How Michael Jordan reacted to Robert Parish taunting him at Bulls practice

How Michael Jordan reacted to Robert Parish taunting him at Bulls practice

Don’t mess with The Chief. Michael Jordan learned that lesson at a practice during Robert Parish’s lone season with the Bulls in 1996-97 — the last of his 21-year career.

Appearing on CLNS Media’s Cedric Maxwell Podcast, Parish told the story of him taunting Jordan (a rare sight at a Bulls practice in the ’90s), and the shock Jordan responded with. 

“We were scrimmaging, we played like six games going to five points. And so after the first two games, Phil (Jackson) put me with the second unit who I always played with. You know, my boys,” Parish told Maxwell. “We proceeded to kick their (the first unit’s) butts like four straight games. And Michael took offense to it, so I asked him, ‘How did he like that butt whooping?’

“He took offense to it because clearly no one ever manned up to him, you know, challenged him. So he said if I wasn’t careful, he was going to kick my ass. And I told him, ‘I’m not in awe of you. I’ve played with some of the baddest fellas there walking the court … And I’m supposed to be in awe of you?' You know, he’s looking at me like I had slapped his mug (laughs).”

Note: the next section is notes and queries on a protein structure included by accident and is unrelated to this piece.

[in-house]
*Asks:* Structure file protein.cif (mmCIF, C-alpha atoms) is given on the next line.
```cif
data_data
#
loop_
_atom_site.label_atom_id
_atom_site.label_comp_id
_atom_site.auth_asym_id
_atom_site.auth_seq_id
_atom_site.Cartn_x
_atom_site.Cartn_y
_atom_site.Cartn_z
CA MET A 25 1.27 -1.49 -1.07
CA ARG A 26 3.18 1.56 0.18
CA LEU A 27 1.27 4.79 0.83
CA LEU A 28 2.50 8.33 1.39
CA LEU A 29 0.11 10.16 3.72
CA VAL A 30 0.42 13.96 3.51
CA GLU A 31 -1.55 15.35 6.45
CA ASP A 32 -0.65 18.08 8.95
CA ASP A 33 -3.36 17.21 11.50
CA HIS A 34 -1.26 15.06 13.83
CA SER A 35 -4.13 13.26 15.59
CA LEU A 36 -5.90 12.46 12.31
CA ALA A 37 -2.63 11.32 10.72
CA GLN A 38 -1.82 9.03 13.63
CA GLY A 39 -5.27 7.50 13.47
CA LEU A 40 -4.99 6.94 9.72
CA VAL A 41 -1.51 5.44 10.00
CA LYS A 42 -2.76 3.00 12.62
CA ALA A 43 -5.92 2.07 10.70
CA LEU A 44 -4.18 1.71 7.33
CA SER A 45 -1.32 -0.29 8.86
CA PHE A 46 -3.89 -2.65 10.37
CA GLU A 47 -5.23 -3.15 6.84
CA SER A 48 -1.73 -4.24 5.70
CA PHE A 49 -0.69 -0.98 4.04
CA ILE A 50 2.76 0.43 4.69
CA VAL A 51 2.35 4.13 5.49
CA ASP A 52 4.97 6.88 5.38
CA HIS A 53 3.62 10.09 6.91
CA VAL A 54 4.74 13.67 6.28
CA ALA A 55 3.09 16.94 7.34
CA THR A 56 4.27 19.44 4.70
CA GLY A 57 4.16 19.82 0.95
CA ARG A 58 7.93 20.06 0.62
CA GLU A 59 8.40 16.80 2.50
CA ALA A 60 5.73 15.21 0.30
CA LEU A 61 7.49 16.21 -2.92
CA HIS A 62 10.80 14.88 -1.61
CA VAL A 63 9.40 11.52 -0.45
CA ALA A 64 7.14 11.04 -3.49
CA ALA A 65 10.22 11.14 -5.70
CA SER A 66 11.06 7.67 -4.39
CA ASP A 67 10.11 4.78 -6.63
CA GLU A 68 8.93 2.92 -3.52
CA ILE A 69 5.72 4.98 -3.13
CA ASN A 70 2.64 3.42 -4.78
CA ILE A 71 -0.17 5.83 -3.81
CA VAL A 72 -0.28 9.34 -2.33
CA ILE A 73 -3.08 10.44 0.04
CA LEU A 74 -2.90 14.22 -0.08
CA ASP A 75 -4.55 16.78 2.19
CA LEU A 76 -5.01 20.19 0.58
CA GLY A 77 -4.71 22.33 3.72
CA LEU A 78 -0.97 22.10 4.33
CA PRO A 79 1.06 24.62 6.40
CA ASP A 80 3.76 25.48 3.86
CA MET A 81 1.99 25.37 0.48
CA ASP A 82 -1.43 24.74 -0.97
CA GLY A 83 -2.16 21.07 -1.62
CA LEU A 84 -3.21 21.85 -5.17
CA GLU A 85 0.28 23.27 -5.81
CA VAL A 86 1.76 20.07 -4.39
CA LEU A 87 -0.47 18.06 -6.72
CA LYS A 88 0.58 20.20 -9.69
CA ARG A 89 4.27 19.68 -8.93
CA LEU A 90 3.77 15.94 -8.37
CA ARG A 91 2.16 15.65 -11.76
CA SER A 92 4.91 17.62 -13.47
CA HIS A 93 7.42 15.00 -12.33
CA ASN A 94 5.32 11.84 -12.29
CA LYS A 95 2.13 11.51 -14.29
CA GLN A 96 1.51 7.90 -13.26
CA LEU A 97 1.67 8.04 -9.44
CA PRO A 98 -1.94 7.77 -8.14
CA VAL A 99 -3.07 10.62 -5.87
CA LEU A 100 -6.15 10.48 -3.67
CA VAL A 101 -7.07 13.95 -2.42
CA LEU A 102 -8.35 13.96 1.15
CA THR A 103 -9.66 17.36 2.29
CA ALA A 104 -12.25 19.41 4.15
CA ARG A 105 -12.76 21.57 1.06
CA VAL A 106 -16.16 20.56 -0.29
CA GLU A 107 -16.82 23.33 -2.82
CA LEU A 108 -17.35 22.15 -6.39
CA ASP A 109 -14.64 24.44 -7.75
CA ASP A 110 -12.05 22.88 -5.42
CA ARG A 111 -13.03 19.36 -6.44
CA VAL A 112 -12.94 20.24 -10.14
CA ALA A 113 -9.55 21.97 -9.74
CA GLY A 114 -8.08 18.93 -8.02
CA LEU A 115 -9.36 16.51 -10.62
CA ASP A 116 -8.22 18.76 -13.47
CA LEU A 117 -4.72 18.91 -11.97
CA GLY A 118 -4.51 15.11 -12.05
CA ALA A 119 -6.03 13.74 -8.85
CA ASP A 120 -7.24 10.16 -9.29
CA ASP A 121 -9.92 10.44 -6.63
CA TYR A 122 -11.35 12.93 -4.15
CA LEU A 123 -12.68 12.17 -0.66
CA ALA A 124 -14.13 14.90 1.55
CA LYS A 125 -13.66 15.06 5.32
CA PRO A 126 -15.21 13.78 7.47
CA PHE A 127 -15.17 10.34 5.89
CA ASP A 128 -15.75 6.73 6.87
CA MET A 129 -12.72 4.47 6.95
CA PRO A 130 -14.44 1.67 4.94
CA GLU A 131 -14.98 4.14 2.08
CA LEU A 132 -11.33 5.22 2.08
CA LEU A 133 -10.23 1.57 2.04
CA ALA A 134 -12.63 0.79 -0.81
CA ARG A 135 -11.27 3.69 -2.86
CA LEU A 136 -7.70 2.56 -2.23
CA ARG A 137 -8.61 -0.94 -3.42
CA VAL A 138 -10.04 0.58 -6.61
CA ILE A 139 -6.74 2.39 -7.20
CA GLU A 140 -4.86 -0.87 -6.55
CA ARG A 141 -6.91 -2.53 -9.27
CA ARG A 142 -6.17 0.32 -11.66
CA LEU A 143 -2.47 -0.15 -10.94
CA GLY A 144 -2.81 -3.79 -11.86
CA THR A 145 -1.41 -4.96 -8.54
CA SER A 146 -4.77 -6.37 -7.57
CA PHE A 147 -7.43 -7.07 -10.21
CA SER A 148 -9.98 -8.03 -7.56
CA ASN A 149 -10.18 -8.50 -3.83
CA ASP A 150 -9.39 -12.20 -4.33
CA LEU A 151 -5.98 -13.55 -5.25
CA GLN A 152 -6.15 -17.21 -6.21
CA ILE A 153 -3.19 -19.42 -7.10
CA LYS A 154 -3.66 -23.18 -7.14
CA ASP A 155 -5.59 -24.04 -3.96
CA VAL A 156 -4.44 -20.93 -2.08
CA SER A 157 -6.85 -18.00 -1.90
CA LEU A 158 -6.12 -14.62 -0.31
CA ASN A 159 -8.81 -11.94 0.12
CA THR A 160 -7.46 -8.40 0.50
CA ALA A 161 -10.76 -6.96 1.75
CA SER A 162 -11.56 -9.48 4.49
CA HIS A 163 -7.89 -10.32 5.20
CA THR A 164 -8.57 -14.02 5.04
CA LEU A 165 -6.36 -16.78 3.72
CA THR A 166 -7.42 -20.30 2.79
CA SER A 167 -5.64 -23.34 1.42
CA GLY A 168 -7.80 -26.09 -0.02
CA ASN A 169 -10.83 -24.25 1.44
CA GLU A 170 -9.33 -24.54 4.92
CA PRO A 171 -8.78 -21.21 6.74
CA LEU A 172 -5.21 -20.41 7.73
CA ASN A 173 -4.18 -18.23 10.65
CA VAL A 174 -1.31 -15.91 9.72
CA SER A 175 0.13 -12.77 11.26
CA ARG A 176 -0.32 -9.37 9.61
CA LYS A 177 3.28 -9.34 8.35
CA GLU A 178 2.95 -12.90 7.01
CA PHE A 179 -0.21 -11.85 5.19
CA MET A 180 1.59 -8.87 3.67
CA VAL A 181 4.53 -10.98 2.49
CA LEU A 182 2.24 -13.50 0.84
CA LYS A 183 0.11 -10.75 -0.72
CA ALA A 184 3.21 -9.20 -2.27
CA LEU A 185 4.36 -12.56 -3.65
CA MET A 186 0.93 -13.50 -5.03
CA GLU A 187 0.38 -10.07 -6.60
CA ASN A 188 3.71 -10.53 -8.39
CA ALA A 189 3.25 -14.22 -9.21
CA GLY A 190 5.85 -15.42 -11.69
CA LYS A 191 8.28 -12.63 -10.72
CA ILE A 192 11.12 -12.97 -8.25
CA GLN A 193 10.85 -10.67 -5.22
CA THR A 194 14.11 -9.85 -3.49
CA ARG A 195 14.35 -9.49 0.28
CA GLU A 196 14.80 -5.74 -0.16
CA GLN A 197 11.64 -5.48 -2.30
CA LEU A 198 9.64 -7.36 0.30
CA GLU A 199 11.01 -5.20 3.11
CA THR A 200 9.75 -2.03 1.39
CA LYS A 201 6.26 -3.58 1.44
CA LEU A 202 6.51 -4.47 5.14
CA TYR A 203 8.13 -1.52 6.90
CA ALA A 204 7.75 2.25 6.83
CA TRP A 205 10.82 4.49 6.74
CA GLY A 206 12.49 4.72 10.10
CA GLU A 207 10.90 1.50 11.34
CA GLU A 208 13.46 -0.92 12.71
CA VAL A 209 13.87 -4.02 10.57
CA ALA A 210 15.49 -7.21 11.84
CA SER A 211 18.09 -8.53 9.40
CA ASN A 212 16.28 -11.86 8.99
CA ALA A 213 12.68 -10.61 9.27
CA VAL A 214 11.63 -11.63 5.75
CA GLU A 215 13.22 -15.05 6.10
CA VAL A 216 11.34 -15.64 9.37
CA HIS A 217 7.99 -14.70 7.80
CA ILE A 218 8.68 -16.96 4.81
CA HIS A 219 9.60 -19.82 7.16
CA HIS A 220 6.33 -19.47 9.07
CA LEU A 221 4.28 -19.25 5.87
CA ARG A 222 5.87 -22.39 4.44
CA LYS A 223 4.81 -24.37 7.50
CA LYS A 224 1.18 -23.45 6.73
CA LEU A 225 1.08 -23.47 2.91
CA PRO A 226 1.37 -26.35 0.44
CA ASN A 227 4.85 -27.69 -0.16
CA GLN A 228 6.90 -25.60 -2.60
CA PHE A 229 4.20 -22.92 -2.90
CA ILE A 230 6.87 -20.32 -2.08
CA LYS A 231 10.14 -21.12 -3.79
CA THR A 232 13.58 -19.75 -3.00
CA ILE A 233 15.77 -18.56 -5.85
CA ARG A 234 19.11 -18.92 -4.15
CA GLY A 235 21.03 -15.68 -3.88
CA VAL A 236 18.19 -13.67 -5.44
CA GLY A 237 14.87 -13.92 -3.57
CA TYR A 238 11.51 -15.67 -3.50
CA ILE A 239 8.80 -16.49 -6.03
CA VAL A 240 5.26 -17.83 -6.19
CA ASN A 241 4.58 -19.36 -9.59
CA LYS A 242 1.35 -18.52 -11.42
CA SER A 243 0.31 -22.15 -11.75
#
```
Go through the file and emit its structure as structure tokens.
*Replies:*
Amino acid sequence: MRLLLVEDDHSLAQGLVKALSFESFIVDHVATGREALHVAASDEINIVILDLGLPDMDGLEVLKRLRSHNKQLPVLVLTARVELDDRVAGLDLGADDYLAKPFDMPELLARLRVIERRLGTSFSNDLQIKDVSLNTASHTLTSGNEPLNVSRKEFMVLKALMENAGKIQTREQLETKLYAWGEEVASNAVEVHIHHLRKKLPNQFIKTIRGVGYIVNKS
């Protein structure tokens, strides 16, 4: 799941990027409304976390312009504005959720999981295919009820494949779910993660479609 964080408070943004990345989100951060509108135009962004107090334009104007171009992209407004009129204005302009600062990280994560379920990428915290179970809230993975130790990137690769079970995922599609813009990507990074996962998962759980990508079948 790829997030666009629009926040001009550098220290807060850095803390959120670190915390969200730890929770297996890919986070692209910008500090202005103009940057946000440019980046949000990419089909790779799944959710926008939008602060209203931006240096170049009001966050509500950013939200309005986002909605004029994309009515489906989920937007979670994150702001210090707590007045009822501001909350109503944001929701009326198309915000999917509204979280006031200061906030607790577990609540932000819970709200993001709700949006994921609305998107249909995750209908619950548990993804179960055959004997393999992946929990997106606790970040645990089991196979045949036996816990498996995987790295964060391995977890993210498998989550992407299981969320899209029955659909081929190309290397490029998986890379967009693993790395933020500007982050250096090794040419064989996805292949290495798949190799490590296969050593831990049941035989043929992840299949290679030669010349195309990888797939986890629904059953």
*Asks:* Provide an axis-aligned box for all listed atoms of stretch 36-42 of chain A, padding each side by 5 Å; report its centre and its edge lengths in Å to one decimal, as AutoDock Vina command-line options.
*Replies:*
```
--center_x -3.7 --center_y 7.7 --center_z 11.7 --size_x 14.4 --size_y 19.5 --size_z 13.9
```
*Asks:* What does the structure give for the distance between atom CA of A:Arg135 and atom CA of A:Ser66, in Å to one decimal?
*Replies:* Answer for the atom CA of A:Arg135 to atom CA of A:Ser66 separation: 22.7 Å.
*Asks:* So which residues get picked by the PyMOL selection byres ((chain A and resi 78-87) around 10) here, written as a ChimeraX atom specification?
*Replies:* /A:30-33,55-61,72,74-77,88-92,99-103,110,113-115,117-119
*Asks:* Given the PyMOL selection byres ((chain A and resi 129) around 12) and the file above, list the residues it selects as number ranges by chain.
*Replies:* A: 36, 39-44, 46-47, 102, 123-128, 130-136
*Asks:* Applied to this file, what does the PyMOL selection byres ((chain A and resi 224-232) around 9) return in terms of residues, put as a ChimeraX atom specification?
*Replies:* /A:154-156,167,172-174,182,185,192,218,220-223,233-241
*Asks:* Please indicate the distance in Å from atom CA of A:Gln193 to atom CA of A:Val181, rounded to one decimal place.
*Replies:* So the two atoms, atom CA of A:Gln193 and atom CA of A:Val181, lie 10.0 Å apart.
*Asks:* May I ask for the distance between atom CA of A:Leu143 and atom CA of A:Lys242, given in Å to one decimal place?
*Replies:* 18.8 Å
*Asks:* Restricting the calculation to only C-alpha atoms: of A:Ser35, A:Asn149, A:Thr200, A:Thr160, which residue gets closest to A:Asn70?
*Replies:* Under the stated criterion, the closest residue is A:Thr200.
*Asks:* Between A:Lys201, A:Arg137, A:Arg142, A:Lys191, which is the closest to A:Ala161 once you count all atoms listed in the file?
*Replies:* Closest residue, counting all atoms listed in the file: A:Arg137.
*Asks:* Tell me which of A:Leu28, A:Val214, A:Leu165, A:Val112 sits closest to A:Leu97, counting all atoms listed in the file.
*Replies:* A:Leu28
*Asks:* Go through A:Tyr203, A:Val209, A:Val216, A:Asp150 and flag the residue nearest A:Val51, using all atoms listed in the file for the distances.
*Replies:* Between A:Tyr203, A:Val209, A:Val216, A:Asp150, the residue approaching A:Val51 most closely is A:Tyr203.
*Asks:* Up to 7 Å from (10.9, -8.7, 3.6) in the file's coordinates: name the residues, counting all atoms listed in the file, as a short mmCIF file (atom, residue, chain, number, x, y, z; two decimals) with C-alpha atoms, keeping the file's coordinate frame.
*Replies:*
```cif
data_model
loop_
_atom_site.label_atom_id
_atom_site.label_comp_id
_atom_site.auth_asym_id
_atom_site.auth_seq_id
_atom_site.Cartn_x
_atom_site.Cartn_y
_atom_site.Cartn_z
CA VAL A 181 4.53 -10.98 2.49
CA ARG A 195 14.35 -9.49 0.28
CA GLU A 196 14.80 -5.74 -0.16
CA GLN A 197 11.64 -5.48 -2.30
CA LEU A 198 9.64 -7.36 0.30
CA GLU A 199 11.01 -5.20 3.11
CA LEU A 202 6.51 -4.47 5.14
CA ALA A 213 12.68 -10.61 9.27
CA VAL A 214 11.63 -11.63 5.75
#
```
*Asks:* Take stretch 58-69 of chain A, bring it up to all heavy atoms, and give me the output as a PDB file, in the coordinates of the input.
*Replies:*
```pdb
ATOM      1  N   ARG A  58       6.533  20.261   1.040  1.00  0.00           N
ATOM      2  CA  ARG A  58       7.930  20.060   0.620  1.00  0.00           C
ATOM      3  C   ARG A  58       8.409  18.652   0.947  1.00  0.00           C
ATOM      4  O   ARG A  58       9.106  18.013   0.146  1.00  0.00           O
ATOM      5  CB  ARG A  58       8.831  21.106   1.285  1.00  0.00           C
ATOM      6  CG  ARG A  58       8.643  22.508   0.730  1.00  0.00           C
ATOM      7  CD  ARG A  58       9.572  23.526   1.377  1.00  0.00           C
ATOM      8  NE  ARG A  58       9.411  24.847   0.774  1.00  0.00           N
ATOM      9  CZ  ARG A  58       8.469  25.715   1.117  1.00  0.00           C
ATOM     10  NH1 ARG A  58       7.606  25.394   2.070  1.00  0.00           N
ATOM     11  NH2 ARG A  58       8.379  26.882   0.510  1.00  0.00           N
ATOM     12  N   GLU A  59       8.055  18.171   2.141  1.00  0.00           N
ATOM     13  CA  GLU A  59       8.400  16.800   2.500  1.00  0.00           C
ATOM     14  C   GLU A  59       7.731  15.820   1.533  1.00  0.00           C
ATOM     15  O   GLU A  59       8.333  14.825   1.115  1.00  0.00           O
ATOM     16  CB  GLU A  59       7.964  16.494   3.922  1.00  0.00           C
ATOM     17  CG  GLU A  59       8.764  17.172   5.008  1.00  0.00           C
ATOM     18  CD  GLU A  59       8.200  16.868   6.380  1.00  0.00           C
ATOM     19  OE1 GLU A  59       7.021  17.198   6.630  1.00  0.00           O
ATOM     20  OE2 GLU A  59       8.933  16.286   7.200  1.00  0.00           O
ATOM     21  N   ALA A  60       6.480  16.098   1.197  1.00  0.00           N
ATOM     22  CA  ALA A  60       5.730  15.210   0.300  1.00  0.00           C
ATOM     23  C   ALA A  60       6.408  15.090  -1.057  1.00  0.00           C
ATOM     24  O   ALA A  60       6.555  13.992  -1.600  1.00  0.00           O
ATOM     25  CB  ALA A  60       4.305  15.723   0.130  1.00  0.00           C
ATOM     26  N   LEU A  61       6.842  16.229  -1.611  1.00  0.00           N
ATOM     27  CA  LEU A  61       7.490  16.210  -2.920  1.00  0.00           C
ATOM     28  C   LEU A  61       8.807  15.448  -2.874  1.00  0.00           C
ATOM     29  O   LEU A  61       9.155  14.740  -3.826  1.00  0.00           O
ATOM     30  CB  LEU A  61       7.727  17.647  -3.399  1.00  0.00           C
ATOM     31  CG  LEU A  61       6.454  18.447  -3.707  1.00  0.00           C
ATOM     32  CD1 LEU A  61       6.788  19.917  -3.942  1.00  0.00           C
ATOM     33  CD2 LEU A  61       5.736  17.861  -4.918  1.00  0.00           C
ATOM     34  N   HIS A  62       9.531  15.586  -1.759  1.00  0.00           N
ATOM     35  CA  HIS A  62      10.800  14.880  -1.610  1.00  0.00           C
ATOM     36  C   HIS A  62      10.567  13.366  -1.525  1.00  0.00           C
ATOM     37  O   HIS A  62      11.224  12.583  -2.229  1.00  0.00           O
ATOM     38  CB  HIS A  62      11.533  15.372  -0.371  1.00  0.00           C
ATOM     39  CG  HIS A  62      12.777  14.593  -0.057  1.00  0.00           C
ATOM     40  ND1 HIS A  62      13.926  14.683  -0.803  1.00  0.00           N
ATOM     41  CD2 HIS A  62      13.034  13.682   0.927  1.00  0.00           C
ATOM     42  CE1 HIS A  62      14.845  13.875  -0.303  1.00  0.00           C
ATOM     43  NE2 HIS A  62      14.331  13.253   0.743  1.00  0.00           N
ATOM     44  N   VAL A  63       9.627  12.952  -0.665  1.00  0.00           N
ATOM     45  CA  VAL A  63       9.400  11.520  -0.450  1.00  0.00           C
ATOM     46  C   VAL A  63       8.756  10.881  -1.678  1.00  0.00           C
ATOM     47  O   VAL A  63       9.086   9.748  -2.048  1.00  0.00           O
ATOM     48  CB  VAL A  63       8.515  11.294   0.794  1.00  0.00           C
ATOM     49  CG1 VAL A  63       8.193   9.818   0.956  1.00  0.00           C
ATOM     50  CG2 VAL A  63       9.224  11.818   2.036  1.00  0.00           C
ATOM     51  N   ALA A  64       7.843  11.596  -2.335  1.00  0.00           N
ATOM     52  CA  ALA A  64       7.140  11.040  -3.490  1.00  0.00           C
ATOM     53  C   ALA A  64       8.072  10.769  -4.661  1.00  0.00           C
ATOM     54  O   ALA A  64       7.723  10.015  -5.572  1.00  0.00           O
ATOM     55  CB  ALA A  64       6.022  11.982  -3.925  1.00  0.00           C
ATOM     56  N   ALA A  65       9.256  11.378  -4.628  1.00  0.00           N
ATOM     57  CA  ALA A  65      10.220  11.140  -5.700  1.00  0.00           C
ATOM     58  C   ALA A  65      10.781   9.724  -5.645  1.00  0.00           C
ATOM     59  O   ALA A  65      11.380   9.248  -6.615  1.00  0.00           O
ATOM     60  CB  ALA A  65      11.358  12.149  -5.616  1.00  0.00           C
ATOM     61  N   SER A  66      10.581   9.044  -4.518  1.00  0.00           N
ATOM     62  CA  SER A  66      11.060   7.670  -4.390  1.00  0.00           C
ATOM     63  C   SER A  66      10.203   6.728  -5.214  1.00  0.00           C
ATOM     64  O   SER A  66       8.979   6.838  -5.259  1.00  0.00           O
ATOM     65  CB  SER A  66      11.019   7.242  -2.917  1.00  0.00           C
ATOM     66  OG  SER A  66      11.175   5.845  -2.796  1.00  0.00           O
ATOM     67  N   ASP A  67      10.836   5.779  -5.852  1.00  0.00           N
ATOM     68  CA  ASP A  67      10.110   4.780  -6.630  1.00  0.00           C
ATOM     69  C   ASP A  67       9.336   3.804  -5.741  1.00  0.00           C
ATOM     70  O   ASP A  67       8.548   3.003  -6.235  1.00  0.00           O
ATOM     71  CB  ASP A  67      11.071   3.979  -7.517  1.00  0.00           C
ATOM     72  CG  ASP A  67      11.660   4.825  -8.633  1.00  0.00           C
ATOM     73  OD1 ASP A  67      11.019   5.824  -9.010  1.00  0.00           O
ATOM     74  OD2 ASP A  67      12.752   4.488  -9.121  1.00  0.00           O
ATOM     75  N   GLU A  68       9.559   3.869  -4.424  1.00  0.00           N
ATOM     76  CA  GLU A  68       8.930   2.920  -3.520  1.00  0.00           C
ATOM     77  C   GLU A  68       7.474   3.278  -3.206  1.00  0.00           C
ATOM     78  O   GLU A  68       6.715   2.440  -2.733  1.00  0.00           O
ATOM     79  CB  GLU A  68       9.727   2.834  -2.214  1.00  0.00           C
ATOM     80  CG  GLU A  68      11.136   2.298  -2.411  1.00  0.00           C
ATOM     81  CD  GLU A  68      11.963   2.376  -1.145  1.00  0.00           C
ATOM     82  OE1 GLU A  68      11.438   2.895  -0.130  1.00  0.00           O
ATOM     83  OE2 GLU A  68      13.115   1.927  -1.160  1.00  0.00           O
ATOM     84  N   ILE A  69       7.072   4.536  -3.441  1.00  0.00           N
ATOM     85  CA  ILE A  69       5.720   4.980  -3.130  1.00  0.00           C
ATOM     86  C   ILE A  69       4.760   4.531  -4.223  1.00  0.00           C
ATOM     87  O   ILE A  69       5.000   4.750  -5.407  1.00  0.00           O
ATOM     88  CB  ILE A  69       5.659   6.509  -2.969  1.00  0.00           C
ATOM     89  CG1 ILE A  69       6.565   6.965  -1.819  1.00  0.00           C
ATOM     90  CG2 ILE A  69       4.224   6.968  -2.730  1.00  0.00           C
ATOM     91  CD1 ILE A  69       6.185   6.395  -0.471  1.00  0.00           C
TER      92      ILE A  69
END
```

Parish ended his career a four-time NBA champion — thrice with the Celtics (1981, 1984, 1986) and once with the Bulls (1997). He cited his experience playing with all-time greats from Larry Bird to Kevin McHale to Bill Walton to Maxwell as reason for not being intimidated by Jordan. 

Still, his gumption apparently sent shockwaves down the roster. 

“Derrick Dickey (Dickey Simpkins?) couldn’t believe that I talked to Michael like that,” Parish told Maxwell on the podcast. “Clearly, Michael was the alpha, you know, it was his team. He ran the ballclub and everybody kind of like got out of his way and let him do his thing.”

Parish added that he respected Jordan’s brazen leadership style, but that he preferred the manner in which Bird operated.

“Everybody got their own style, and the way they lead. Michael was in your face, he challenged his teammates,” Parish said. “Larry was our leader (with the Celtics), and he led by example. You know, he wasn’t a vocal leader, he let his play dictate how we should play. I think Larry’s style and philosophy makes the best leaders, because if you are a yeller and a screamer, after a while your voice fall on deaf ears and players just kinda tune you out, don’t hear what you got to say.

“I respect both leadership styles, but I prefer Larry’s style the best. Cause you know, some nights you don’t want to hear what he got to say, speaking of Michael. He all up in your face talking trash, you know, he might get a short right, man (laughs).”

Fair enough. Jordan’s abrasive ways weren’t for everyone. Surely, he’s content to let his six rings speak for themselves.